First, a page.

Continuing with the sensing portion, 32 pairs of p-type transistors are connected in series between the supply voltage, VDD, and the first current electrode of transistor 1854. In particular, a first current electrode, a control electrode, and a second current electrode of a p-type transistor 1876i are connected to the supply voltage VDD, to the control electrode of transistor 1846, and to a first current electrode of a transistor 1878i, respectively, where i is an integer index ranging from 0 to 31. A control electrode and a second current electrode of transistor 1878i are connected to receive the ith output of decoder 312 and to the current electrode of transistor 1854, respectively. In the preferred embodiment, there are 32 individual switches in the sensing portion. The number may be varied to suit the particular application and the desired resolution of the application in which temperature sensor 1800 is incorporated.

Continuing with the calibrating portion, four pairs of p-type transistors are connected in series between the supply voltage, VDD, and the first current electrode of transistor 1854. In particular, a first current electrode, a control electrode, and a second current electrode of a p-type transistor 1880j are connected to the supply voltage VDD, to the control electrode of transistor 1846, and to a first current electrode of a transistor 1882j, respectively, where is an integer index ranging from 0 to 3. A control electrode and a second current electrode of transistor 1882j are connected to receive a jth one of the calibrating bits and to the first current electrode of transistor 1854, respectively. The number may be varied to suit the particular application and the desired resolution of the application in which temperature sensor 1800 is incorporated.

Reference current generator 36 generates a current at node 1815 that is mirrored by transistor 1804 to transistors 1809 and 1812. This current produces a current through each of these two transistors, and in turn creates the voltages Veb, the emitter-base voltage, and VLS, the level shifting voltage which in turn create the current IT2 between transistors 1807 and 1808, and the current IT1 between transistors 1813 and 1814. The difference between the currents IT1 and IT2 provides a measure which is a predictable function of junction temperature.

Although the present invention has been described with reference to a specific embodiment, further modifications and improvements will occur to those skilled in the art. For instance, the disclosed invention may be incorporated into data processors traditionally classified as complex instruction set computers or CISC machines. Also, certain functional units may be omitted in certain embodiments or relocated to other areas of data processor 10. It is to be understood therefore, that the invention encompasses all such modifications that do not depart from the spirit and scope of the invention as defined in the appended claims.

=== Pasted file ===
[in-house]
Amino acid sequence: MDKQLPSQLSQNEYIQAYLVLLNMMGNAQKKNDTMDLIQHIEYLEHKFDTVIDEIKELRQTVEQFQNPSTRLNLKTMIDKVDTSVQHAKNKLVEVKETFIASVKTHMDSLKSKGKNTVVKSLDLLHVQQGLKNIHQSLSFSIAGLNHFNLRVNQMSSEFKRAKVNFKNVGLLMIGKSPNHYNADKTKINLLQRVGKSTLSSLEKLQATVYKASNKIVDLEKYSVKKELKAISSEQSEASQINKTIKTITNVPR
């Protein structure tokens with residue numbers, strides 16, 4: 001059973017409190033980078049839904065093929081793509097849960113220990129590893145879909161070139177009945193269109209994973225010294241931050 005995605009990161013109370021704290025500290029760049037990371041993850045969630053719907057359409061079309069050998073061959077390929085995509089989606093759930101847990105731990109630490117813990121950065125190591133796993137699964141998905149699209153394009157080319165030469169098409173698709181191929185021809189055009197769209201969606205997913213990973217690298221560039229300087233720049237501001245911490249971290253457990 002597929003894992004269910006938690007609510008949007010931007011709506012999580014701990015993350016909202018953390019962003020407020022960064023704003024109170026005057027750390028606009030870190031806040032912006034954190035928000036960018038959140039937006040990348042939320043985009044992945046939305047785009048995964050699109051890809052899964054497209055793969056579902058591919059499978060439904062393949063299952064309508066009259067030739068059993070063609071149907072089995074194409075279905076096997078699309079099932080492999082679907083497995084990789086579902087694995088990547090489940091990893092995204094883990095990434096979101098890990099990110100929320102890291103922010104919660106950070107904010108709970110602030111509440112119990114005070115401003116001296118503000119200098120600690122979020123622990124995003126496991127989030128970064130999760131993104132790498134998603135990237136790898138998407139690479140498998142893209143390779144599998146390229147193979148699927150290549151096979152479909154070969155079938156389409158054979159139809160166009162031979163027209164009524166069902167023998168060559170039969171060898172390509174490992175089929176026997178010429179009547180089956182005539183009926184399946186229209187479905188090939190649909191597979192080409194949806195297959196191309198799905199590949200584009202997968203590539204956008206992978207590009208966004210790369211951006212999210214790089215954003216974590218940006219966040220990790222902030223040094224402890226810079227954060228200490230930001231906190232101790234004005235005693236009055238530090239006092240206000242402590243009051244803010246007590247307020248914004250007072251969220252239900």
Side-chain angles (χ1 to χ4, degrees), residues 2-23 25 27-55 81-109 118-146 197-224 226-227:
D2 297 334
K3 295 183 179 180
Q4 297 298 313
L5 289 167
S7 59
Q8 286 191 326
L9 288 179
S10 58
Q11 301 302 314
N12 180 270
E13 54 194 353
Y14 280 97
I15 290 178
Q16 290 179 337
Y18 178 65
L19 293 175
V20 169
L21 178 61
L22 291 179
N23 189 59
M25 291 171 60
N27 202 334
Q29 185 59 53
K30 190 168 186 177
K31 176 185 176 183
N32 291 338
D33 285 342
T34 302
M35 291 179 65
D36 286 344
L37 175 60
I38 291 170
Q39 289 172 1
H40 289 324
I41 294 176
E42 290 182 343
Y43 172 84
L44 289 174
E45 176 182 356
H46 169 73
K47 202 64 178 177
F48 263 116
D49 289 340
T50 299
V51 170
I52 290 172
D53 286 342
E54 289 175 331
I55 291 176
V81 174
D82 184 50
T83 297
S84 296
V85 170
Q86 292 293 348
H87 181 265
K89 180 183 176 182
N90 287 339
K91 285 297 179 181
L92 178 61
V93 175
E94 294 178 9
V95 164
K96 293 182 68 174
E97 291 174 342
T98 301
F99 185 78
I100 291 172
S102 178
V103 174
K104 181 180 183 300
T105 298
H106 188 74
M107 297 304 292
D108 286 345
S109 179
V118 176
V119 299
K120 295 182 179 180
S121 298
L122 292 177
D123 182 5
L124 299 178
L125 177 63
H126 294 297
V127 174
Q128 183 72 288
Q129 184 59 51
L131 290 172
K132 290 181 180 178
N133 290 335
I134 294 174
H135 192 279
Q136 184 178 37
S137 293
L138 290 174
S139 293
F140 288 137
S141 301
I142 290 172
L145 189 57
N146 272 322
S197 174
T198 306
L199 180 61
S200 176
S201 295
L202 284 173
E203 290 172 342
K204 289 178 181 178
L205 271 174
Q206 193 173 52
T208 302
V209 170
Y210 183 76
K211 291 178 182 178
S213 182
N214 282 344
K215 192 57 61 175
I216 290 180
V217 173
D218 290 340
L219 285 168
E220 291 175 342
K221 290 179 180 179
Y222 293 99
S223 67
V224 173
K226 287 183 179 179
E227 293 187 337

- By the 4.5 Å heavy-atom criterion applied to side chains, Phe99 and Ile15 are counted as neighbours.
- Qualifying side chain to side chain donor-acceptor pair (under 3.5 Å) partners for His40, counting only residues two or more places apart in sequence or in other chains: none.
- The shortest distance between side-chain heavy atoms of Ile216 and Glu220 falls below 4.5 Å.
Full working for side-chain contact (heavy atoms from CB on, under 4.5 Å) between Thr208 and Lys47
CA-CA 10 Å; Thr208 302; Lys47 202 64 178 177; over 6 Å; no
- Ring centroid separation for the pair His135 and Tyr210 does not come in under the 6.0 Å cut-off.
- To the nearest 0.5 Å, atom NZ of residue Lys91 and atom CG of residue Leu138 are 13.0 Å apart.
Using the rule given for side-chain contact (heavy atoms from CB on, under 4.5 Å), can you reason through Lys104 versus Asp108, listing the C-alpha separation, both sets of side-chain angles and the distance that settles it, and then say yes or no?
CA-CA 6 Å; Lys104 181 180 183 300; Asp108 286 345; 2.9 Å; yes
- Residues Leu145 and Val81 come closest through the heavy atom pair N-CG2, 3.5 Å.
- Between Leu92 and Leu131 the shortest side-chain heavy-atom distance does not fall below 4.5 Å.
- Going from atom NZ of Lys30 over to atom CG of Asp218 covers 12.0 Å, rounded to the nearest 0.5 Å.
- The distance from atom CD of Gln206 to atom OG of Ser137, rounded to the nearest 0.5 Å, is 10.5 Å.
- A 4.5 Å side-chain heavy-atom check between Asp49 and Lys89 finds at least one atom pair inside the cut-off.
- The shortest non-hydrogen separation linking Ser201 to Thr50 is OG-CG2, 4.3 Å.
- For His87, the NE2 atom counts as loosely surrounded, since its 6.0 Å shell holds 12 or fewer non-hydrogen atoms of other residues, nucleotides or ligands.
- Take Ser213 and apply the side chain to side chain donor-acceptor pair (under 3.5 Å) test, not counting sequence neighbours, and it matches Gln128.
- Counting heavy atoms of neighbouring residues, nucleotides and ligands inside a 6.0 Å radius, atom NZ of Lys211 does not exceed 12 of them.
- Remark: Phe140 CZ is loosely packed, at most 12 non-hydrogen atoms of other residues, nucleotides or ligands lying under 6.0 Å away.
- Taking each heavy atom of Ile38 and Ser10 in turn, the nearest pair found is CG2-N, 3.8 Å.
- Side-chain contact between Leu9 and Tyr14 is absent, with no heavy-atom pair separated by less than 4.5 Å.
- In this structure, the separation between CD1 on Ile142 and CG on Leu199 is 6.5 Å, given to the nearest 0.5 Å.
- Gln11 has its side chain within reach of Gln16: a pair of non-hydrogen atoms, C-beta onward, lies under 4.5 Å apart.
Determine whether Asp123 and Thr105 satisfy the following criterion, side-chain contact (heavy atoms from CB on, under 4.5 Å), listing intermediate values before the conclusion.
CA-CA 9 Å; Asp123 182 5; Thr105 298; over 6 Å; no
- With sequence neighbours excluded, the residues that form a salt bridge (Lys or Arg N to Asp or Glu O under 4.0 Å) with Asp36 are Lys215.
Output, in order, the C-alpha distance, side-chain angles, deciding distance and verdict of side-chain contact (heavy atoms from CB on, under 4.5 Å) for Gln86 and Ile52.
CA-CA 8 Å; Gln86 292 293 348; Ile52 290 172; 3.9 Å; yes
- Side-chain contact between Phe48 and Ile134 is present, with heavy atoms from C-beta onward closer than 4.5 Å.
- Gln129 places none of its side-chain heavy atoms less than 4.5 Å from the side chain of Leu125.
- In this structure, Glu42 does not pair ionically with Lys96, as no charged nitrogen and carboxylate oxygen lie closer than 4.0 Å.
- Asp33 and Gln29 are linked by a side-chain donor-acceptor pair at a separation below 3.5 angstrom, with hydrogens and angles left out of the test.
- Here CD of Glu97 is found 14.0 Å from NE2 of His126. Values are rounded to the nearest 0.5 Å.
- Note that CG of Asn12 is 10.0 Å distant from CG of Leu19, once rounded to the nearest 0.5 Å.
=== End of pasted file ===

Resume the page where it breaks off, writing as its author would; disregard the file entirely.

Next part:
While the invention has been described in the context of a preferred embodiment, it will be apparent to those skilled in the art that the present invention may be modified in numerous ways and may assume many embodiments other than that specifically set out and described above. Accordingly, it is intended by the appended claims to cover all modifications of the invention which fall within the true spirit and scope of the invention.

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Referenced by
Citing PatentFiling datePublication dateApplicantTitle
US6567763 *Dec 30, 1999May 20, 2003Intel CorporationAnalog temperature measurement apparatus and method
US6809674 *Oct 15, 2003Oct 26, 2004Lattice Semiconductor CorporationAnalog-to-digital converters
US6879928 *Jan 16, 2003Apr 12, 2005International Business Machines CorporationMethod and apparatus to dynamically recalibrate VLSI chip thermal sensors through software control
US7705661 *May 29, 2008Apr 27, 2010Feature Integration Technology Inc.Current control apparatus applied to transistor
Classifications
U.S. Classification327/538, 327/542, 323/315, 374/E07.035
International ClassificationG01K7/01
Cooperative ClassificationG01K7/01
European ClassificationG01K7/01
Legal Events
DateCodeEventDescription
Feb 17, 2009FPExpired due to failure to pay maintenance fee
Effective date: 20081226
Dec 26, 2008LAPSLapse for failure to pay maintenance fees
Jul 7, 2008REMIMaintenance fee reminder mailed
Feb 2, 2007ASAssignment
Owner name: CITIBANK, N.A. AS COLLATERAL AGENT, NEW YORK
Free format text: SECURITY AGREEMENT;ASSIGNORS:FREESCALE SEMICONDUCTOR, INC.;FREESCALE ACQUISITION CORPORATION;FREESCALE ACQUISITION HOLDINGS CORP.;AND OTHERS;REEL/FRAME:018855/0129
Effective date: 20061201
Owner name: CITIBANK, N.A. AS COLLATERAL AGENT,NEW YORK
Free format text: SECURITY AGREEMENT;ASSIGNORS:FREESCALE SEMICONDUCTOR, INC.;FREESCALE ACQUISITION CORPORATION;FREESCALE ACQUISITION HOLDINGS CORP. AND OTHERS;US-ASSIGNMENT DATABASE UPDATED:20100525;REEL/FRAME:18855/129
Free format text: SECURITY AGREEMENT;ASSIGNORS:FREESCALE SEMICONDUCTOR, INC.;FREESCALE ACQUISITION CORPORATION;FREESCALE ACQUISITION HOLDINGS CORP. AND OTHERS;REEL/FRAME:18855/129
May 28, 2004FPAYFee payment
Year of fee payment: 4
May 7, 2004ASAssignment
Owner name: FREESCALE SEMICONDUCTOR, INC., TEXAS
Free format text: ASSIGNMENT OF ASSIGNORS INTEREST;ASSIGNOR:MOTOROLA, INC.;REEL/FRAME:015698/0657
Effective date: 20040404
Owner name: FREESCALE SEMICONDUCTOR, INC. 6501 WILLIAM CANNON
Free format text: ASSIGNMENT OF ASSIGNORS INTEREST;ASSIGNOR:MOTOROLA, INC. /AR;REEL/FRAME:015698/0657
Owner name: FREESCALE SEMICONDUCTOR, INC.,TEXAS
Jun 30, 1998ASAssignment
Owner name: MOTOROLA, INC., ILLINOIS
Free format text: ASSIGNMENT OF ASSIGNORS INTEREST;ASSIGNORS:SANCHEZ, HECTOR;PHILIP, ROSS D.;MAMILETI, LAKSHMIKANT;REEL/FRAME:009309/0989;SIGNING DATES FROM 19980529 TO 19980625